Cardiology, Flinders Medical Centre, Bedford Park, South Australia, Australia.

Objectives: To analyse the effect of the implementation of a transcatheter aortic valve replacement (TAVR) and multidisciplinary heart team programme on mortality in severe aortic stenosis (AS).

Methods: A retrospective, observational cohort study was performed using the echocardiography, cardiothoracic surgery and TAVR databases between 1 January 2006 and 31 December 2016. Outcomes were compared between the pre- and post-TAVR programme eras in a tertiary referral centre providing transcatheter and surgical interventions for AS.All-cause mortality within 5 years from diagnosis was determined for 3399 patients with echocardiographically defined severe AS.

Results: Of 3399 patients, there were 210 deaths (6.2%) at 30 days and 1614 deaths (47.5%) at 5 years.Overall, patients diagnosed in the post-TAVR programme era were older, with a lower ejection fraction and more severe AS, but were less comorbid.Among 705 patients undergoing intervention, those in the post-TAVR programme era were older, with a lower ejection fraction and more severe AS but no significant differences in comorbidities.Using an inverse probability weighted cohort and a Cox proportional hazards model, a significant mortality benefit was noted between eras alone (HR=0.86, 95% CI 0.77 to 0.97, p=0.015). When matching for age, comorbidities and valve severity, this benefit was more evident (HR=0.82, 95% CI 0.73 to 0.92, p=0.001).After adjusting for the presence of aortic valve intervention, a significant benefit persisted (HR=0.84, 95% CI 0.75 to 0.95, p=0.005).

Conclusion: The implementation of a TAVR programme is associated with a mortality benefit in the population with severe AS, independent of the expansion of access to intervention.
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http://dx.doi.org/10.1136/openhrt-2018-000983DOI Listing
http://www.ncbi.nlm.nih.gov/pmc/articles/PMC6667939PMC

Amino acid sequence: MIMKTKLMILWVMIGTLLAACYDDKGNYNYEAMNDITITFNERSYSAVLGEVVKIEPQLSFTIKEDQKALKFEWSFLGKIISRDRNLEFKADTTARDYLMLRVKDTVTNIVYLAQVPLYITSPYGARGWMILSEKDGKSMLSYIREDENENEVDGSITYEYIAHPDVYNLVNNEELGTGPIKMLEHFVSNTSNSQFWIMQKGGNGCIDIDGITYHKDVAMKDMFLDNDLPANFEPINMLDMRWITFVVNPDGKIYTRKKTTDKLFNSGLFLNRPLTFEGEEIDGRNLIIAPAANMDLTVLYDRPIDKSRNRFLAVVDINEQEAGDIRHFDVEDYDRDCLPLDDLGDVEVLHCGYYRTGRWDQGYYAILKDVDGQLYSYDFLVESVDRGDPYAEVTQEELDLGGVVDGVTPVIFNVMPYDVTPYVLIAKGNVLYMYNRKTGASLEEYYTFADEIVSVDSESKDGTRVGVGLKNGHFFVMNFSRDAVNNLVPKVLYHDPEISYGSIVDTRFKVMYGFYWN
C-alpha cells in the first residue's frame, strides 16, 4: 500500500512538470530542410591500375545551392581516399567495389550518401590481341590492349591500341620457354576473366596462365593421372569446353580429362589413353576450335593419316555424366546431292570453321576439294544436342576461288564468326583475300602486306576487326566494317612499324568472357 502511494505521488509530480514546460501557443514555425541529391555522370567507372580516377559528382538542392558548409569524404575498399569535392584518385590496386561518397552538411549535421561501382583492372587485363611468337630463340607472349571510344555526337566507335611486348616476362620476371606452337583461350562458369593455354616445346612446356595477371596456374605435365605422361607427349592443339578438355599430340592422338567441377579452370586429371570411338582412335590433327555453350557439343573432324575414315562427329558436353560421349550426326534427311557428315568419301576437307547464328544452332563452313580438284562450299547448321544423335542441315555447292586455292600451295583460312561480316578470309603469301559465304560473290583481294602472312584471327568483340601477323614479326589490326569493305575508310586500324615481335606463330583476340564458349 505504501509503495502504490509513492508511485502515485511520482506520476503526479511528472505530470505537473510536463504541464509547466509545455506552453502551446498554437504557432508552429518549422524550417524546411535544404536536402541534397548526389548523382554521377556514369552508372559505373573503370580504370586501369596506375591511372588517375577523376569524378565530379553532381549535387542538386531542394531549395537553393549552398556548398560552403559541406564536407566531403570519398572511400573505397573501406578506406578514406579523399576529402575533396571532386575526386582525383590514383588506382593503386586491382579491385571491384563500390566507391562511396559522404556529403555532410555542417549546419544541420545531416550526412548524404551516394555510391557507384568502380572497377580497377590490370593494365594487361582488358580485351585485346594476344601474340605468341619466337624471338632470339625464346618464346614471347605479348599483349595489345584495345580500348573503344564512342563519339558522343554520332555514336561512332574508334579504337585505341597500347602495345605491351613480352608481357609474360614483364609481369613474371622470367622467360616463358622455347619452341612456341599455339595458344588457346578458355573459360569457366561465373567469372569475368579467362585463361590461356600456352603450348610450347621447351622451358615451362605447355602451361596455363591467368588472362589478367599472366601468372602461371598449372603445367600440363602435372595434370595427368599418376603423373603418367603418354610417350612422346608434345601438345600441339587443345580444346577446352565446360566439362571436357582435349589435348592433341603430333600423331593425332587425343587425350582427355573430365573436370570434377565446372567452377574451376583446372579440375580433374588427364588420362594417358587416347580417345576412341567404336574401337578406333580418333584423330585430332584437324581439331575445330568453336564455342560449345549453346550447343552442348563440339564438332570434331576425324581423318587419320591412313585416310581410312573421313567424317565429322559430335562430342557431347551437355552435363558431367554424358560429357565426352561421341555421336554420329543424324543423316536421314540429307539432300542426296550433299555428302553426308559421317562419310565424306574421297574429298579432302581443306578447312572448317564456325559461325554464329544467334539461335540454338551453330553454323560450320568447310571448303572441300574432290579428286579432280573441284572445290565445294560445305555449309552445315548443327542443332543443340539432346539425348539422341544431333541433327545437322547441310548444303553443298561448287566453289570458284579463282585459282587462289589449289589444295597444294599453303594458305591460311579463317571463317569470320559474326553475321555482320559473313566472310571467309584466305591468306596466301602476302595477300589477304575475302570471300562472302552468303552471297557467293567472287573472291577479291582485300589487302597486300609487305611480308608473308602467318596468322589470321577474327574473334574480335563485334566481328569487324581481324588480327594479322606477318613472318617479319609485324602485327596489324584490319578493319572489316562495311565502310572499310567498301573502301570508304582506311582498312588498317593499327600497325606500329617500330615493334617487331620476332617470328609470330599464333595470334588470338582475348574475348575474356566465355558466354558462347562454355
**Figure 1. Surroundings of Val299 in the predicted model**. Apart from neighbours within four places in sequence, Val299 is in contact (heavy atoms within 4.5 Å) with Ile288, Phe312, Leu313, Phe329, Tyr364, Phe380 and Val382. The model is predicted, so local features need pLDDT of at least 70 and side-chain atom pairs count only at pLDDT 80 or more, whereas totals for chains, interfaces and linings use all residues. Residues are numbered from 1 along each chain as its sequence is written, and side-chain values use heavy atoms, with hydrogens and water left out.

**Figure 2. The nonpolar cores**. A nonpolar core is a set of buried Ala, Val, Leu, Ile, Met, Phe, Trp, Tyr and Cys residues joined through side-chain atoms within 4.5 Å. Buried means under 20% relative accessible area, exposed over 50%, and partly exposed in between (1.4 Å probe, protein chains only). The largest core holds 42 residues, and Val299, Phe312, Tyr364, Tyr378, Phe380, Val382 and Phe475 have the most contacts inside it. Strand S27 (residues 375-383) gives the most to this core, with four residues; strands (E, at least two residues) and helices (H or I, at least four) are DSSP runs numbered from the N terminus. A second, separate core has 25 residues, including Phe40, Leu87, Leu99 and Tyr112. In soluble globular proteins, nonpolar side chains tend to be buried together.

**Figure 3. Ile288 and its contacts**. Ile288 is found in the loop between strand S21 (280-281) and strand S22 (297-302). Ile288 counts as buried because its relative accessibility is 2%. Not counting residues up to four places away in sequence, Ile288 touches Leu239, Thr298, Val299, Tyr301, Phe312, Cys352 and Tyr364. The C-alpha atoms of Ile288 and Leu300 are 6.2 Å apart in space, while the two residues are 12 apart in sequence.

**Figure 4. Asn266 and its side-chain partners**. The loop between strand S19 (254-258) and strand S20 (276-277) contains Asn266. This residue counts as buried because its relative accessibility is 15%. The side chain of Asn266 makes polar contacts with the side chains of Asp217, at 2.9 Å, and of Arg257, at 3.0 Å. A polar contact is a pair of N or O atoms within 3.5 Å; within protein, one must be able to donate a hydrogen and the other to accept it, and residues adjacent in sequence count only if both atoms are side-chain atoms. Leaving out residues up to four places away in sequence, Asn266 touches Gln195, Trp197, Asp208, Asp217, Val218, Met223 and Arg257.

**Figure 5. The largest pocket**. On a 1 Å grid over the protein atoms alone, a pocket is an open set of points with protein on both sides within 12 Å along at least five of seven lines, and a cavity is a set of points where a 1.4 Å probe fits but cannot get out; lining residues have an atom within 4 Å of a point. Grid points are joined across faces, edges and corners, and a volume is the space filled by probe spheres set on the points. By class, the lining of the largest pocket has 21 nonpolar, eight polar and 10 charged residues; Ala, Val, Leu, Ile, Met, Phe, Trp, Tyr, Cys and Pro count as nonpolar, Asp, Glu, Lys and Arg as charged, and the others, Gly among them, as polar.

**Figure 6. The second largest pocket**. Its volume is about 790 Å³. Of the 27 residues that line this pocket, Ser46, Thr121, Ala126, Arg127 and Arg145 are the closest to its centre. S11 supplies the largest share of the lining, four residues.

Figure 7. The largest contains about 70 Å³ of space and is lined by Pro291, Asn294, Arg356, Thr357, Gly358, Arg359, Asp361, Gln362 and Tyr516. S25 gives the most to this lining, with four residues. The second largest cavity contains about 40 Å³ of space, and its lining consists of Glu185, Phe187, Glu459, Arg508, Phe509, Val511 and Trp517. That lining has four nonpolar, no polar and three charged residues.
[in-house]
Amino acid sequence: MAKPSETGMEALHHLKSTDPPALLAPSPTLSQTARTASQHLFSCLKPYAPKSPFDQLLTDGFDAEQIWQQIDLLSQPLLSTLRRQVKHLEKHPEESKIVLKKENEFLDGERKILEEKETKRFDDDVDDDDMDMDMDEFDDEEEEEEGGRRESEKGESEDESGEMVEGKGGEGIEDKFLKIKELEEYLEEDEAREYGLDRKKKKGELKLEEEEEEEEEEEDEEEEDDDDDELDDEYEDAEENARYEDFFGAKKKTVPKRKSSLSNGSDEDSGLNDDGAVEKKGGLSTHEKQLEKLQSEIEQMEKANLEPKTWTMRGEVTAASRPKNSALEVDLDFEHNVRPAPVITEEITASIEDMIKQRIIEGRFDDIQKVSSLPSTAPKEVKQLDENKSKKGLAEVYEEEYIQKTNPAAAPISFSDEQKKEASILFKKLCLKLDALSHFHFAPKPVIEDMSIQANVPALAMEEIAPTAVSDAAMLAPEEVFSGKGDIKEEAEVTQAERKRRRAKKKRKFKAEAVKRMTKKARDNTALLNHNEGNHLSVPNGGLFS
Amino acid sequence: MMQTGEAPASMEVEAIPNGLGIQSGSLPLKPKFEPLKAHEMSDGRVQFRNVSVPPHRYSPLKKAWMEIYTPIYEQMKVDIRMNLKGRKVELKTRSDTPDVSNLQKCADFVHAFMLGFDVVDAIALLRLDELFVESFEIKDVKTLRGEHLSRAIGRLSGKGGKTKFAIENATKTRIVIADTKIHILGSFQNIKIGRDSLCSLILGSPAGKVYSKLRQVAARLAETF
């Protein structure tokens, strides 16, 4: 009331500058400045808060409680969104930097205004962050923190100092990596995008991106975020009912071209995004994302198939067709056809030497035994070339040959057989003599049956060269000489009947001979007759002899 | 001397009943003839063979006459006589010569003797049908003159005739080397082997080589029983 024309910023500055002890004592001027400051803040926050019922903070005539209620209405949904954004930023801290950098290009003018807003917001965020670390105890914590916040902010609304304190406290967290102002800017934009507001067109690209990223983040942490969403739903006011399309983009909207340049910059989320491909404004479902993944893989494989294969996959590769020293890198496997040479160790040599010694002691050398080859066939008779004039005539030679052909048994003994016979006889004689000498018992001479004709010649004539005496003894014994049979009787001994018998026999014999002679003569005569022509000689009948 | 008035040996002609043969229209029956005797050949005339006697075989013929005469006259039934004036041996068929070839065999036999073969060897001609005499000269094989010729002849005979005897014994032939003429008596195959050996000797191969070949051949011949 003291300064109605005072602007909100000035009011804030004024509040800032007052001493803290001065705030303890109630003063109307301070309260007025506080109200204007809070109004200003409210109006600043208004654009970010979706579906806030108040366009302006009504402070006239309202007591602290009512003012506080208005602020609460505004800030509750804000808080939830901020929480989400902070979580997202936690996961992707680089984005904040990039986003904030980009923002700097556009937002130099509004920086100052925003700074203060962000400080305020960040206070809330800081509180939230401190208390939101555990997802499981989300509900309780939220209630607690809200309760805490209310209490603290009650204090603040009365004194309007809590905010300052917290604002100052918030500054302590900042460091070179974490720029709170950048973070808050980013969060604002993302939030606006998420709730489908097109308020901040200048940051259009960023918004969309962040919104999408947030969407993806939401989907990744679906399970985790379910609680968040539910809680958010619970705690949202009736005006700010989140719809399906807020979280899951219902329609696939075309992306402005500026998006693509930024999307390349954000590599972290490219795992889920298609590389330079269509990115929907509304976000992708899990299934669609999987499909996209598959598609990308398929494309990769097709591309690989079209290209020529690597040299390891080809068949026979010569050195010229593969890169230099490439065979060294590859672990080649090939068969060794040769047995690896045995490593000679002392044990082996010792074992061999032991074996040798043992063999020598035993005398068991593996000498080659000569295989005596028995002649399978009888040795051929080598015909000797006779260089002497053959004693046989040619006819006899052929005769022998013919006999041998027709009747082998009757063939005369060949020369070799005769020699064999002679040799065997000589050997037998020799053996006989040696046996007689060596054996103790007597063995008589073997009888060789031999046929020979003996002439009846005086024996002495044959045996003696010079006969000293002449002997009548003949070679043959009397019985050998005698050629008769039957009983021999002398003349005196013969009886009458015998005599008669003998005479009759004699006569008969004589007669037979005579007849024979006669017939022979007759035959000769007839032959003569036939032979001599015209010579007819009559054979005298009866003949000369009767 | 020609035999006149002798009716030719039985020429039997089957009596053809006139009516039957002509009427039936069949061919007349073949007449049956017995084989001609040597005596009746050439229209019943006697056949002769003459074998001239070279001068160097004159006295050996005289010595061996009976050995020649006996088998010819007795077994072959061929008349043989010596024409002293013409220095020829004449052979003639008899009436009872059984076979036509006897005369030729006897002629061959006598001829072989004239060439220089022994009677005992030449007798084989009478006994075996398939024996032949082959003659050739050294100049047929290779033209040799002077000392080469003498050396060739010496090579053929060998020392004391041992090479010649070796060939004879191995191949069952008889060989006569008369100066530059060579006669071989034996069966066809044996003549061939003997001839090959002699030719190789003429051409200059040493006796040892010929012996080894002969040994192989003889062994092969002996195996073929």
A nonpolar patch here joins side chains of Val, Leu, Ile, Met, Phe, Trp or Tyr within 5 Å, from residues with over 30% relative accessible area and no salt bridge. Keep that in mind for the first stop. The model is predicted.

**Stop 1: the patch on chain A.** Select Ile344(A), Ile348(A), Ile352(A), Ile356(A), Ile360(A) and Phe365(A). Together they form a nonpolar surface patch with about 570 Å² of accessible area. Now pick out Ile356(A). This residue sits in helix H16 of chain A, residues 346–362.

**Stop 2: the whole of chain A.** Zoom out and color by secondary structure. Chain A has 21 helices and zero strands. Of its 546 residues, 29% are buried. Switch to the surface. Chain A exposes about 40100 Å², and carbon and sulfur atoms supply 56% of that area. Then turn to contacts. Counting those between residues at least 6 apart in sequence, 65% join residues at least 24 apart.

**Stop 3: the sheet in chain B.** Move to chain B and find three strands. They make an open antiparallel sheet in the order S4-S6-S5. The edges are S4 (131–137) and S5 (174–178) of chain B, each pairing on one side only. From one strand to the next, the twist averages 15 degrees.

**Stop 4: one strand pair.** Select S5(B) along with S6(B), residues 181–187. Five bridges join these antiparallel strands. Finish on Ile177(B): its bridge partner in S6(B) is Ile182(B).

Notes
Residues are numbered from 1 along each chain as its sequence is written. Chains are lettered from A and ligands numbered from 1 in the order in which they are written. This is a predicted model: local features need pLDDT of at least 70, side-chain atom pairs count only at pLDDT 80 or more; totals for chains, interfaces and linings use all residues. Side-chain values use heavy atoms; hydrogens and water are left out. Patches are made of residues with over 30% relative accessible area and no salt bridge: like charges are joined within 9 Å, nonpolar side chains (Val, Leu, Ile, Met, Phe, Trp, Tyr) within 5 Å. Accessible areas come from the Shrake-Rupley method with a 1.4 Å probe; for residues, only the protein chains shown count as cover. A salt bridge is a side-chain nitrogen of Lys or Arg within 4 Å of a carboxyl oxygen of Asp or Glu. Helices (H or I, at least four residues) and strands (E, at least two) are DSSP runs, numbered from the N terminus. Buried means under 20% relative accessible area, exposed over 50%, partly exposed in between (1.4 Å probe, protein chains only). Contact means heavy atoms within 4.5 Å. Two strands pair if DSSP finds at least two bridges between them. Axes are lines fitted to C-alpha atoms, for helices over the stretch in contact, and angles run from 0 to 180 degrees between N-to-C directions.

February 2021

Effect of Balloon Aortic Valvuloplasty on Mortality in Patients With Severe Aortic Stenosis Prior to Conservative Treatment and Surgical or Transcatheter Aortic Valve Replacement.

Heart Lung Circ 2020 May 25;29(5):719-728. Epub 2019 Jun 25.

Flinders University, Adelaide, SA, Australia; Flinders Medical Centre, Adelaide, SA, Australia.

Background: Outcomes following an initial strategy of balloon aortic valvuloplasty (BAV) prior to medical therapy or intervention with surgical or transcatheter aortic valve replacement (SAVR or TAVR) are unclear in the modern transcatheter intervention era.

Methods: A retrospective, observational cohort study of the echocardiography, cardiothoracic surgery and TAVR databases between 1 January 2006 and 31 December 2016 was performed to compare outcomes between all patients with severe aortic stenosis (AS) treated with or without BAV prior to medical or invasive therapy.

Results: 3,142 patients were available for analysis. 223 BAV treated patients had lower mortality relative to medically treated patients, particularly early (20.1% v. 7.6% at 6 months, 58.1% v. 52.5% at 5 years). Over 5 years, the adjusted hazard ratio (HR) was 0.62 (95% CI 0.48-0.80, p < 0.001). Compared with 630 patients proceeding directly to intervention, 75 patients receiving BAV experienced a higher mortality (HR = 2.76, 95% CI 2.07-3.66, p < 0.001). No subsequent excess perioperative mortality was observed with BAV compared with those receiving surgery directly (HR = 1.45, 95% CI 0.91-2.31, p = 0.117).

Conclusions: The risk associated with BAV is low, and improves mortality compared with medical therapy. Balloon aortic valvuloplasty treated patients have poorer outcomes, but treatment with BAV does not increase perioperative mortality and may lessen it.
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http://dx.doi.org/10.1016/j.hlc.2019.06.717DOI Listing
May 2020

The appropriateness of coronary investigation in myocardial injury and type 2 myocardial infarction (ACT-2): A randomized trial design.

Am Heart J 2019 02 25;208:11-20. Epub 2018 Oct 25.

Department of Cardiology, Flinders Medical Centre, Adelaide, Australia; College of Medicine and Public Health, Flinders University of South Australia, Adelaide, Australia. Electronic address:

Background: Elevated troponin level findings among patients presenting with suspected acute coronary syndrome (ACS) or another intercurrent illness undeniably identifies patients at increased risk of mortality. Whilst enhancing our capacity to discriminate risk, the use of high-sensitivity troponin assays frequently identifies patients with myocardial injury (i.e. troponin rise without acute signs of myocardial ischemia) or type 2 myocardial infarction (T2MI; oxygen supply-demand imbalance). This leads to the clinically challenging task of distinguishing type 1 myocardial infarction (T1MI; coronary plaque rupture) from myocardial injury and T2MI in the context of concurrent acute illness. Diagnostic discernment in this context is crucial because MI classification has implications for further investigation and care. Early invasive management is of well-established benefit among patients with T1MI. However, the appropriateness of this investigation in the heterogeneous context of T2MI, where there is high competing mortality risk, remains unknown. Although coronary angiography in T2MI is advocated by some, there is insufficient evidence in existing literature to support this opinion as highlighted by current national guidelines.